Probably. But not after it is in place. Not even if Congress is so misguided as to pass another amnesty thereafter. It is however a very good reason to begin and to complete the barrier as soon as possible. Until it is in place, illegal immigration will continue relentlessly . . . until perhaps one day ironically the number of illegals who have become legal through amnesty may have grown so large that they will demand that Congress seal the borders and terminate America's policy of generous legal immigration. After all, only so many can join the public employee union (which have organized and paid for the recent pro-amnesty demonstrations) before America's managed economy and shrinking opportunity will seem little better than what they left behind and much less than what attracted them here.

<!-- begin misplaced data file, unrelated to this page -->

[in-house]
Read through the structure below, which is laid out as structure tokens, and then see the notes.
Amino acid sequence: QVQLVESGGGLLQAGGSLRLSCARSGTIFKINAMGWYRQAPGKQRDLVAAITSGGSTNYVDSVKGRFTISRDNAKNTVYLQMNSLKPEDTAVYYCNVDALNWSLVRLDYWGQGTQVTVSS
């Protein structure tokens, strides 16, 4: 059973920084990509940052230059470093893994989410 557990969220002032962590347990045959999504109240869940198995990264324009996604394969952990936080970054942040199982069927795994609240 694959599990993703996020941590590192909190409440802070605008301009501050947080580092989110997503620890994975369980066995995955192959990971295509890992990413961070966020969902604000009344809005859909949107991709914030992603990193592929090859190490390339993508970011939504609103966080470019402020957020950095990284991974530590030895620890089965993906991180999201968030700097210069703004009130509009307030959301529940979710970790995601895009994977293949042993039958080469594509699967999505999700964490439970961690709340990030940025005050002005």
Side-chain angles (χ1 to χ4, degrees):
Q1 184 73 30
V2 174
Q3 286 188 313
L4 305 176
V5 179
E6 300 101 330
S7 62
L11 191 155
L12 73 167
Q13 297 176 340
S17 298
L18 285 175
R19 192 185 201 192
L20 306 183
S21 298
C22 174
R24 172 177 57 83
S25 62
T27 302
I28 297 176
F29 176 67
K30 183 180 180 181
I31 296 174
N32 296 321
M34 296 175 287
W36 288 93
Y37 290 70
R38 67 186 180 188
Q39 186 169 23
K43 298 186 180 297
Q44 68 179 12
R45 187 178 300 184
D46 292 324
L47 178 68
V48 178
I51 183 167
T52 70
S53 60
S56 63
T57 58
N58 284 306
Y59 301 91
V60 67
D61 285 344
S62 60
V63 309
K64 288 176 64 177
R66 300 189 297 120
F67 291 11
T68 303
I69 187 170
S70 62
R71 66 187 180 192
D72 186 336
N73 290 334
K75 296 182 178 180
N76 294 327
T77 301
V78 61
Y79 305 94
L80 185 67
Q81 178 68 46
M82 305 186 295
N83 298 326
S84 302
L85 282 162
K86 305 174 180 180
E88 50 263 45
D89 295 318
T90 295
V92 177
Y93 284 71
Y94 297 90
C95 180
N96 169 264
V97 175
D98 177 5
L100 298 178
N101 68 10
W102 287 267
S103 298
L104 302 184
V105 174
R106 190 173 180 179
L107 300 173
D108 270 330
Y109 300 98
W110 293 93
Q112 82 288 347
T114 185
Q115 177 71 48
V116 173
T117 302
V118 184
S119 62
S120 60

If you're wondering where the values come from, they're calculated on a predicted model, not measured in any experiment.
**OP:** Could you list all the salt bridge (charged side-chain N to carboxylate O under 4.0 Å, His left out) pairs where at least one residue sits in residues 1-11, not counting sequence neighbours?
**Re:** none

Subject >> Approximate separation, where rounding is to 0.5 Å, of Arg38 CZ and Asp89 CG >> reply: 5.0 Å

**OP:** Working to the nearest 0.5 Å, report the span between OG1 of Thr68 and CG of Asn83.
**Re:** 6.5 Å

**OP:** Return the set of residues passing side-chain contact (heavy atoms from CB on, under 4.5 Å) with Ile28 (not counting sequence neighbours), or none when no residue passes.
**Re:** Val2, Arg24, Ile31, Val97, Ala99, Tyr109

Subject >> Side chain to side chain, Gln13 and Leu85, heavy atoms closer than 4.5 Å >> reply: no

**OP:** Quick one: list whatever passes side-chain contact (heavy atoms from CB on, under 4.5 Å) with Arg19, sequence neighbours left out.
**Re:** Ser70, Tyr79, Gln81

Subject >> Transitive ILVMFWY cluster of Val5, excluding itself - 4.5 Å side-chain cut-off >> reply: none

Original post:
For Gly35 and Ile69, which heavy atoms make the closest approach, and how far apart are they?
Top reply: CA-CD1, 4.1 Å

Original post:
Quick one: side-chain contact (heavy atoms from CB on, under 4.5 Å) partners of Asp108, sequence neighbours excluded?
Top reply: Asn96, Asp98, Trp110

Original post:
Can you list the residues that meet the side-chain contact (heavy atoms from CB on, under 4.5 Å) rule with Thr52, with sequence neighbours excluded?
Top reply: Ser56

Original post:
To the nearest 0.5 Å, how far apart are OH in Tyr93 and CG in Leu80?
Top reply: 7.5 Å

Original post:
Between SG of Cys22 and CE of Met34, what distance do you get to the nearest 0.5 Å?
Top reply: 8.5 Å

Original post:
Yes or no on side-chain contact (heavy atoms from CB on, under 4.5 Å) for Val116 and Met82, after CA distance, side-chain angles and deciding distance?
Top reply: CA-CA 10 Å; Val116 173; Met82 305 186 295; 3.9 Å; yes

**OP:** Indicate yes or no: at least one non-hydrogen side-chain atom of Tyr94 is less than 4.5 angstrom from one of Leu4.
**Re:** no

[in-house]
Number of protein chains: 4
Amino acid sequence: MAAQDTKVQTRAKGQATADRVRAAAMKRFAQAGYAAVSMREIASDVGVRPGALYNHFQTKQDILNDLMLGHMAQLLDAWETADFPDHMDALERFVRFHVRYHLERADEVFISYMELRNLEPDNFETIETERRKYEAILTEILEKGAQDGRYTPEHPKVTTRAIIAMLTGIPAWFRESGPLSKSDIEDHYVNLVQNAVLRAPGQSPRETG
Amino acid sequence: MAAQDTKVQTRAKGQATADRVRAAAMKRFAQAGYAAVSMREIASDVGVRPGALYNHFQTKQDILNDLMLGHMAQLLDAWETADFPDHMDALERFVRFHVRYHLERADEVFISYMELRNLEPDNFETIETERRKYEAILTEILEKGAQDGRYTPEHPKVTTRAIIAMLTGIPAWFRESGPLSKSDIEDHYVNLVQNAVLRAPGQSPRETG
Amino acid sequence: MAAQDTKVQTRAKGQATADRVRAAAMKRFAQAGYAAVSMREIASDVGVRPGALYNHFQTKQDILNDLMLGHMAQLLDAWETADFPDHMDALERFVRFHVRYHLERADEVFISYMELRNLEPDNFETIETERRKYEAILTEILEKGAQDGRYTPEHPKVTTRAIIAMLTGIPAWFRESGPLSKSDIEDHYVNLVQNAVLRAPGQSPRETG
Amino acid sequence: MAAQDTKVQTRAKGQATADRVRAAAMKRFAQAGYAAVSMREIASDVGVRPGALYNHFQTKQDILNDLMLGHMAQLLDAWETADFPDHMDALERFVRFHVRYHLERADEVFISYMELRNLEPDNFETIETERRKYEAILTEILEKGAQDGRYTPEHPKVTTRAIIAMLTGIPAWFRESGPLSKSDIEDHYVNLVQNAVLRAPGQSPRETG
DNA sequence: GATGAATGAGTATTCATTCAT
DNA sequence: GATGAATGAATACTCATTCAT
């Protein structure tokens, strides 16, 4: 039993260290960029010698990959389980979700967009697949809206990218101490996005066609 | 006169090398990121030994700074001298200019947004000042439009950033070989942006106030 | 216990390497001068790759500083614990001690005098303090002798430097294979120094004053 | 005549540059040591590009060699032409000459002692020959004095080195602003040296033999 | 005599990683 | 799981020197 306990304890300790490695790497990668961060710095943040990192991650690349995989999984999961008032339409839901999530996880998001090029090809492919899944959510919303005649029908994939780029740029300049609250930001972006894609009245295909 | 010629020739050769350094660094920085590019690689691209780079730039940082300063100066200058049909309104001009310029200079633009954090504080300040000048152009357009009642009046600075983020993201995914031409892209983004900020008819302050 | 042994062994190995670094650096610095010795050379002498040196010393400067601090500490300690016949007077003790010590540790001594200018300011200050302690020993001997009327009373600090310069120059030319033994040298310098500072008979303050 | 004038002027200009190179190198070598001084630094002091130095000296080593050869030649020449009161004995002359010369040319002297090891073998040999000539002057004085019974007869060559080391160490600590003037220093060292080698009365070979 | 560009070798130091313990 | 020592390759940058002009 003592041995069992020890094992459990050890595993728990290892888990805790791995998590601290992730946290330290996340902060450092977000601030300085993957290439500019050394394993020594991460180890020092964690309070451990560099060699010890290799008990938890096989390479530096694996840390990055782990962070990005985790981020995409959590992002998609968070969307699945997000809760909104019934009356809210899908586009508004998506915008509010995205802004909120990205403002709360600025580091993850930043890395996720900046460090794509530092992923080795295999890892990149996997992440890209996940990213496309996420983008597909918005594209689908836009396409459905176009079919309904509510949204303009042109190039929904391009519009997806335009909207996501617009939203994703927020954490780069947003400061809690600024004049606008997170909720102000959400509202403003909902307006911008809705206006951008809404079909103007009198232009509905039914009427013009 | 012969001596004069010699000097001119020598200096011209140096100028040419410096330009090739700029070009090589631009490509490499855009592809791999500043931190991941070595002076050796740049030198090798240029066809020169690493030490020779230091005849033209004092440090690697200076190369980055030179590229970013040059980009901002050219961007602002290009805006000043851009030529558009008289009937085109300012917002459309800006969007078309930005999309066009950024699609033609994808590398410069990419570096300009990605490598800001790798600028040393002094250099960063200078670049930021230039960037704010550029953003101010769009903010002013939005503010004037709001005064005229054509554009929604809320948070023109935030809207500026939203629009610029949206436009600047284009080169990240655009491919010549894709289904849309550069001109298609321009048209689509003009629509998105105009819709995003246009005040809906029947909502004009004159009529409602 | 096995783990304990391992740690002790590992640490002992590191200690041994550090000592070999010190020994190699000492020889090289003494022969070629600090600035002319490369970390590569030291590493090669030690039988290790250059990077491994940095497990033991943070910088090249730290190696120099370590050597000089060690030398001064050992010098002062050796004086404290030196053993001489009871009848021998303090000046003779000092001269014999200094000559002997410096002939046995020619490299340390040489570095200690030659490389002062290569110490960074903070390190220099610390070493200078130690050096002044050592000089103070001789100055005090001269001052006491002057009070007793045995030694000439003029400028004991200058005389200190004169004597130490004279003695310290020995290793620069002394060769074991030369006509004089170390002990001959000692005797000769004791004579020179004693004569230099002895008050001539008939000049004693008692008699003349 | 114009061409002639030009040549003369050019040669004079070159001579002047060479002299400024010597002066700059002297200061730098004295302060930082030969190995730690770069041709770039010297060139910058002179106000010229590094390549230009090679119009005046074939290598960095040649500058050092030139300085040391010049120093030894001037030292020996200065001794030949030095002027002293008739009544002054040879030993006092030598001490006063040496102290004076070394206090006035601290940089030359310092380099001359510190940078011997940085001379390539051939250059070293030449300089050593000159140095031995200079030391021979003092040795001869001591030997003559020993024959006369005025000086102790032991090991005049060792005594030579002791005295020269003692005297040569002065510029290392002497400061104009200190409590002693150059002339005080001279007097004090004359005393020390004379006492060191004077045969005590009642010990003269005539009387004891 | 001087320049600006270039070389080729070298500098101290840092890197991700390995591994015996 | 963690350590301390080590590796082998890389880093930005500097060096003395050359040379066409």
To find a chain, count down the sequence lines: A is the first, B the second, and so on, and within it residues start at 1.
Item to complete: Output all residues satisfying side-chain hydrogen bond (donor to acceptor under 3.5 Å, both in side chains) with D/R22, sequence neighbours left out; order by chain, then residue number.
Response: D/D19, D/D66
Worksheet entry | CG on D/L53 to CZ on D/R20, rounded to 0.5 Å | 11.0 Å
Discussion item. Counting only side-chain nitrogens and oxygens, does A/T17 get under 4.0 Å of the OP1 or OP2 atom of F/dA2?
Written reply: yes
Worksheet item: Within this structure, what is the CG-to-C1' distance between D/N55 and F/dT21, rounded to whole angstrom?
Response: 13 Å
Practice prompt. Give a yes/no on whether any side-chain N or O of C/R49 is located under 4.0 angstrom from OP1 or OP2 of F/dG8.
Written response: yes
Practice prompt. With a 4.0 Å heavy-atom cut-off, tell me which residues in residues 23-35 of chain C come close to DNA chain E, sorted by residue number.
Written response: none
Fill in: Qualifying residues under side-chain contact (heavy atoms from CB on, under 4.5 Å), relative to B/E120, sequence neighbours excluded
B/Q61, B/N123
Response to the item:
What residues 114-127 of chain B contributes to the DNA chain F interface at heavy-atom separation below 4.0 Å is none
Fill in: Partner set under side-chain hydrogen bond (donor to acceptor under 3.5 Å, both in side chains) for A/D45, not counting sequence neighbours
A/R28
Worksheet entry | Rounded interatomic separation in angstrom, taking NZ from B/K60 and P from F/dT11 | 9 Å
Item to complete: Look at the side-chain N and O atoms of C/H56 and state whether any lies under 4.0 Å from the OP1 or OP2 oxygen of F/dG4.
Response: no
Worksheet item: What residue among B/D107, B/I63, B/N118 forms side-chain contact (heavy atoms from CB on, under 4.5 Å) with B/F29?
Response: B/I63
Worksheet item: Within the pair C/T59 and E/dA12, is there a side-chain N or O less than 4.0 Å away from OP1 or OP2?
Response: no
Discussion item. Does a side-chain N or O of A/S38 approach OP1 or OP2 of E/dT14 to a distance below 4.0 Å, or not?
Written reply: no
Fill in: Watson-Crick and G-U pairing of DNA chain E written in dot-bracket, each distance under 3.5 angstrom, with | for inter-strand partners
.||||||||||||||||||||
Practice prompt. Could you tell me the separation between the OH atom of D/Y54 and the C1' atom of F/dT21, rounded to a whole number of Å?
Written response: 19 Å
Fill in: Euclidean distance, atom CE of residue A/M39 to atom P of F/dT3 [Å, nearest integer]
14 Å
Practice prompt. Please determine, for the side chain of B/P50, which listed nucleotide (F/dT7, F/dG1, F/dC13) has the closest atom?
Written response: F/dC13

For sure, some outraged but confused critic will charge that such a barrier will be the moral equivalent of the Berlin Wall. No. It will not, as did the Berlin Wall, restrain those inside from leaving. Instead, it will simply require those who seek to enter the United States to do so legally, in the sunlight rather than the dark of night. And as in Israel, it will help enormously to reduce the threat of illegal entry by terrorists.
That's the right way to come to America.